Illinois Public Media News
Governor Pat Quinn announced on Thursday that he plans to close the Jacksonville Developmental Center and Tinley Park Mental Health Center.
Quinn's office is calling the closures a "re-balancing." The Governor plans to move institutionalized patients with developmental disabilities and mental illness to community-based settings.
In a statement, Quinn said it will improve their quality of life, but it also means savings to the state. The administration estimates the closures will save nearly $12 million a year by closing the Jacksonville facility, and another 8 million dollars annually once Tinley Park is shuttered. Much of those savings will come through laying off state employees.
State Rep. Jim Watson (R-Jacksonville) said that will mean turmoil for his community, and for some of the legal guardians who have long entrusted their loved ones to be cared for in Jacksonville.
"If you were the parent, if it was one of your loved ones there, what would you know right now about their future, where they're going?" Watson said. "What if you were a 75 year old sick parent and you know where your child is now. And you hear this, nobody has called you and talked to you about it. I don't think those people feel very secure at all."
Watson said he is hopeful the General Assembly will be able to stop the governor's plan. Quinn had previously moved to close seven state facilities, but lawmakers reached an agreement to prevent it.
Tinley Park is slated to close in July, with Jacksonville to follow in October.
Quinn's said in the next couple years, it plans to close up to three more state institutions for the developmentally disabled.
Tuition for a freshman attending the University of Illinois next fall will go up by 4.8 percent.
The U of I's Trustees voted on the proposal on Thursday at their meeting in Chicago. In a press release, the University notes those rates would be the equivalent of 1.9 percent per year, under a guarantee that the rates would be locked into place for four years.
Under the proposal, in-state tuition at Urbana-Champaign would increase by $532 to $11,636; in Chicago tuition would increase by $468 to $10,232; in Springfield the cost in would increase $420 a year to $9,090.
Housing costs would go up $236 a year to $9,688 in Urbana-Champaign and $198 a year to $10,060 in Chicago. In Springfield, the increase would be $200 a year to $9,870.
U of I Chief Financial Officer Walter Knorr said the proposed rates conform to the rate of inflation, while dealing with Illinois' 'troubled' fiscal problems.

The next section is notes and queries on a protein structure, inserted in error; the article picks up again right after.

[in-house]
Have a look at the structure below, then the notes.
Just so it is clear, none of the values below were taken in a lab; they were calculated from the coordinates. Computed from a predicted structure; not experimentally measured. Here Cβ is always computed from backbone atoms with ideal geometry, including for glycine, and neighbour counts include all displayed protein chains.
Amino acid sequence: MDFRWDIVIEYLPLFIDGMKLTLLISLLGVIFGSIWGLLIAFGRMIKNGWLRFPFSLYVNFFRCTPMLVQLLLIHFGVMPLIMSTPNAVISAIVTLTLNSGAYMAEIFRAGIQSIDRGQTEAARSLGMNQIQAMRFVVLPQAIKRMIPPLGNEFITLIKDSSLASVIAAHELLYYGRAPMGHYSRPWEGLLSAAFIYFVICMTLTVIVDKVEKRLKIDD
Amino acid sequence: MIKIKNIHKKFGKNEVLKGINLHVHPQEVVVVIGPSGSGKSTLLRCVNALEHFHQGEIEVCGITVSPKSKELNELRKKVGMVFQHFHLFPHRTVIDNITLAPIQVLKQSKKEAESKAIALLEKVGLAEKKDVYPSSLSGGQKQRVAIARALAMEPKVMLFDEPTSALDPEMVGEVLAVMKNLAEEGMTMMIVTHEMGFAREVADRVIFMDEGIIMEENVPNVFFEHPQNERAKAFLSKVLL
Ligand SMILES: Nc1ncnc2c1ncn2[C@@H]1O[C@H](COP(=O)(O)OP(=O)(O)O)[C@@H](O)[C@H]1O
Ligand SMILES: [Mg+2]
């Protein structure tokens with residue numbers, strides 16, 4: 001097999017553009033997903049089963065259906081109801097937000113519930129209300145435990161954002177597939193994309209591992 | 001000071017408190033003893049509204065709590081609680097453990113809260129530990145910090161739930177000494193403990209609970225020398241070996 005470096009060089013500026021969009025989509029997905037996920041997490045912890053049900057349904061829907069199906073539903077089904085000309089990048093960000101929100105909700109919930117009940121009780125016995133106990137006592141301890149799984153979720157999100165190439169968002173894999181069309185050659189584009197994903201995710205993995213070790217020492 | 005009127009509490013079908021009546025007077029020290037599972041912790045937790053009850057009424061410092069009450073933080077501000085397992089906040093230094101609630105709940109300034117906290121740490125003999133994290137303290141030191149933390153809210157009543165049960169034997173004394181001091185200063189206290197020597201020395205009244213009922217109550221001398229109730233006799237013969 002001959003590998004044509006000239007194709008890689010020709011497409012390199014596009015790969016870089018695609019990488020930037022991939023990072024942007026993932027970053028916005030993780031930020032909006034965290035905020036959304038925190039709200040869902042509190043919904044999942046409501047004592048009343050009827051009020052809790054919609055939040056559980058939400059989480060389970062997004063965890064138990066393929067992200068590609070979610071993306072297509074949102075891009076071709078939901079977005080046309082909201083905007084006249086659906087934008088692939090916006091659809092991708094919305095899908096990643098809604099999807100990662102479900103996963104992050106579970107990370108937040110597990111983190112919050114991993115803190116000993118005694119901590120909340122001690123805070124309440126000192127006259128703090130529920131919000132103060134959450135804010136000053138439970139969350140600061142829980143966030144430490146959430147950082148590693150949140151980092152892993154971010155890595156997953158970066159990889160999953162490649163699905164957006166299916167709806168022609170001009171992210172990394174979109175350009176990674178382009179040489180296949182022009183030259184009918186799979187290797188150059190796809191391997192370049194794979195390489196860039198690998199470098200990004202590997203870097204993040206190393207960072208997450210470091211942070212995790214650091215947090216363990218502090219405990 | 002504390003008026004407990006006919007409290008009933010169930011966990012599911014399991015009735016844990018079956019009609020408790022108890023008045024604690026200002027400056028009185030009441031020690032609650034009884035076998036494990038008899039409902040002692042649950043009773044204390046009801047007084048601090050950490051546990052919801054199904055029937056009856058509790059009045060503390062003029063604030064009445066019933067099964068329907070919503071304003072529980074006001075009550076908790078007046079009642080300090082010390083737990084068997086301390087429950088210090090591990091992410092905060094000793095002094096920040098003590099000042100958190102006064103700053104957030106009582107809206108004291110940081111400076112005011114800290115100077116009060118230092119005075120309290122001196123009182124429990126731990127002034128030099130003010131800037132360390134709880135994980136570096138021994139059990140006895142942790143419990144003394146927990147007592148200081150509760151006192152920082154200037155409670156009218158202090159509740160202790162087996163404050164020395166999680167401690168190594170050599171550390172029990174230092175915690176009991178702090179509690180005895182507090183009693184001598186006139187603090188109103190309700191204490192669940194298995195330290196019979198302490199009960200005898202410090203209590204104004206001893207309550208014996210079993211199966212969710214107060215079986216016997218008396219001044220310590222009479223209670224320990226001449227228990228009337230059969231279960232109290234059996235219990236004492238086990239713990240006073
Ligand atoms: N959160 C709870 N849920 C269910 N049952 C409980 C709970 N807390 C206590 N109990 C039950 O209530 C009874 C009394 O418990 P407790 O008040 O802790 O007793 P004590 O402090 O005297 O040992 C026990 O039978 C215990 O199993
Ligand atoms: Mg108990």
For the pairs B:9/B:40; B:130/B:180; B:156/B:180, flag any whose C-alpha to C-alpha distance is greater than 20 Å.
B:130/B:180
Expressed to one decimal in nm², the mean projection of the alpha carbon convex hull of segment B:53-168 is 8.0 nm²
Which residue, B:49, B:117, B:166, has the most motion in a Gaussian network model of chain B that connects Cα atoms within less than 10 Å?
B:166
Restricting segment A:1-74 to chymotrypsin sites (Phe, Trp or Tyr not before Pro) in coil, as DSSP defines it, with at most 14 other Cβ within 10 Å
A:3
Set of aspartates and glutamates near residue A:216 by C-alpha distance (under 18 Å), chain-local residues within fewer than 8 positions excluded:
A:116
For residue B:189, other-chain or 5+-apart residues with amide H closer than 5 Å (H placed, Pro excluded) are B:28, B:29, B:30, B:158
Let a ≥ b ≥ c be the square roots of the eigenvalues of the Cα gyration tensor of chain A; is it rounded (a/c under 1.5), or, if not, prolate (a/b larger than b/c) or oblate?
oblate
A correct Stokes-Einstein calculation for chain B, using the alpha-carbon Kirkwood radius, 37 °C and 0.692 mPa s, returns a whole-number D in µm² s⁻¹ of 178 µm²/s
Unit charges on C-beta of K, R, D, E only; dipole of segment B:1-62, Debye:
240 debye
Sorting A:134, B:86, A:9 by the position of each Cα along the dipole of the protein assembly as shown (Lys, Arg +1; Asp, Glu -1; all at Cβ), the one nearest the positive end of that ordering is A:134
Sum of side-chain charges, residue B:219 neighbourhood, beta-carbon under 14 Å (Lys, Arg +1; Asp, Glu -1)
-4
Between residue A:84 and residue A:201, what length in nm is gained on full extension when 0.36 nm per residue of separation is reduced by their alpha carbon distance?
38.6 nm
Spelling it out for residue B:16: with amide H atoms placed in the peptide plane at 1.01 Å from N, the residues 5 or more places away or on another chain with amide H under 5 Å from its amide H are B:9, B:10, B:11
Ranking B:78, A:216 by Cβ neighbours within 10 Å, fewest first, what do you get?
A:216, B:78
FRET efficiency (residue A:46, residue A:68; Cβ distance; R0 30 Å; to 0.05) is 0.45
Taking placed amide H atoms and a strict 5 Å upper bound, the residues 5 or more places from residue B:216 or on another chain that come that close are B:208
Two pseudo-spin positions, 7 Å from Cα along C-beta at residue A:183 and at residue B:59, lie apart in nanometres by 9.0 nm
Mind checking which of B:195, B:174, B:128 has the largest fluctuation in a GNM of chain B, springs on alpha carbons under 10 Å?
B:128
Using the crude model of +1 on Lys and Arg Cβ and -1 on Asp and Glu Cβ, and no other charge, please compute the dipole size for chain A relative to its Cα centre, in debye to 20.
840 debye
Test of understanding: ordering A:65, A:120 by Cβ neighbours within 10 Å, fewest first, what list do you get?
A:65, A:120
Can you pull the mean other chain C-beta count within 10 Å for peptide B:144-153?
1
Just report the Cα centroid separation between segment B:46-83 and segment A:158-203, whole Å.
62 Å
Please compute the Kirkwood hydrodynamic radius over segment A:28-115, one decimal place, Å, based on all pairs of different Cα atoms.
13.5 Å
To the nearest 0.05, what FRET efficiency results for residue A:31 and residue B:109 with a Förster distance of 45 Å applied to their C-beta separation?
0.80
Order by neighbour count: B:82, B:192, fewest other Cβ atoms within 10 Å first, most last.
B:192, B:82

The Board of Trustees last year approved a policy to limit tuition increases to no more or less than the rate of inflation. U of I President Michael Hogan acknowledges that tuition increases have dropped, from 9.5 percent two years ago to less than 5 percent this year.
"Now, we'd like to continue our current policy, which addresses the important issue of accessibility, but much depends on the future of state funding, which continues to look problematic," Hogan said.
Hogan said the inflation-based tuition adjustment reflects the Board's commitment to holding down student costs while maintaining the high-quality academic programs that are the hallmark of the university.
"Affordability is critical, but so is an education that opens doors of opportunity for our graduates and paves the way for successful careers that pay lifelong dividends," he said.
Trustee Timothy Koritz said he is hoping to see the tuition levels stay at the same level a year from now.
"I think we need to ask ourselves as a board, 'Could a little bit of runaway spending be part of the equation here?' Koritz said. "I feel that we're obligated to investigate that possibility. We need to hold tuition increases in check if we wish to maintain a great student body."
Koritz suggested the board do its best with whatever funds it has to work with next year.
U-I-C Student Trustee Kenneth Thomas voted against the tuition increase, saying the gap between the amount of that hike and financial aid is too wide.
The U of I Trustees also unanimously re-elected Chris Kennedy to his fourth term as chairman of the Board.
The Trustees meeting comes a week after an investigation wrapped up, connecting the U of I President's former chief of staff as the author of a pair of anonymous emails sent to the University's Faculty Senates Conference.
The messages urged members of the panel not to investigate who leaked their report, which was critical of parts of President Michael Hogan's enrollment management plan.
At the tail end of the Trustees meeting, the chair of Senates Conference spoke about the case on behalf of other faculty senate leaders on all three campuses. Donald Chambers, who teaches biochemistry at UIC, said he believes more people were responsible for the messages.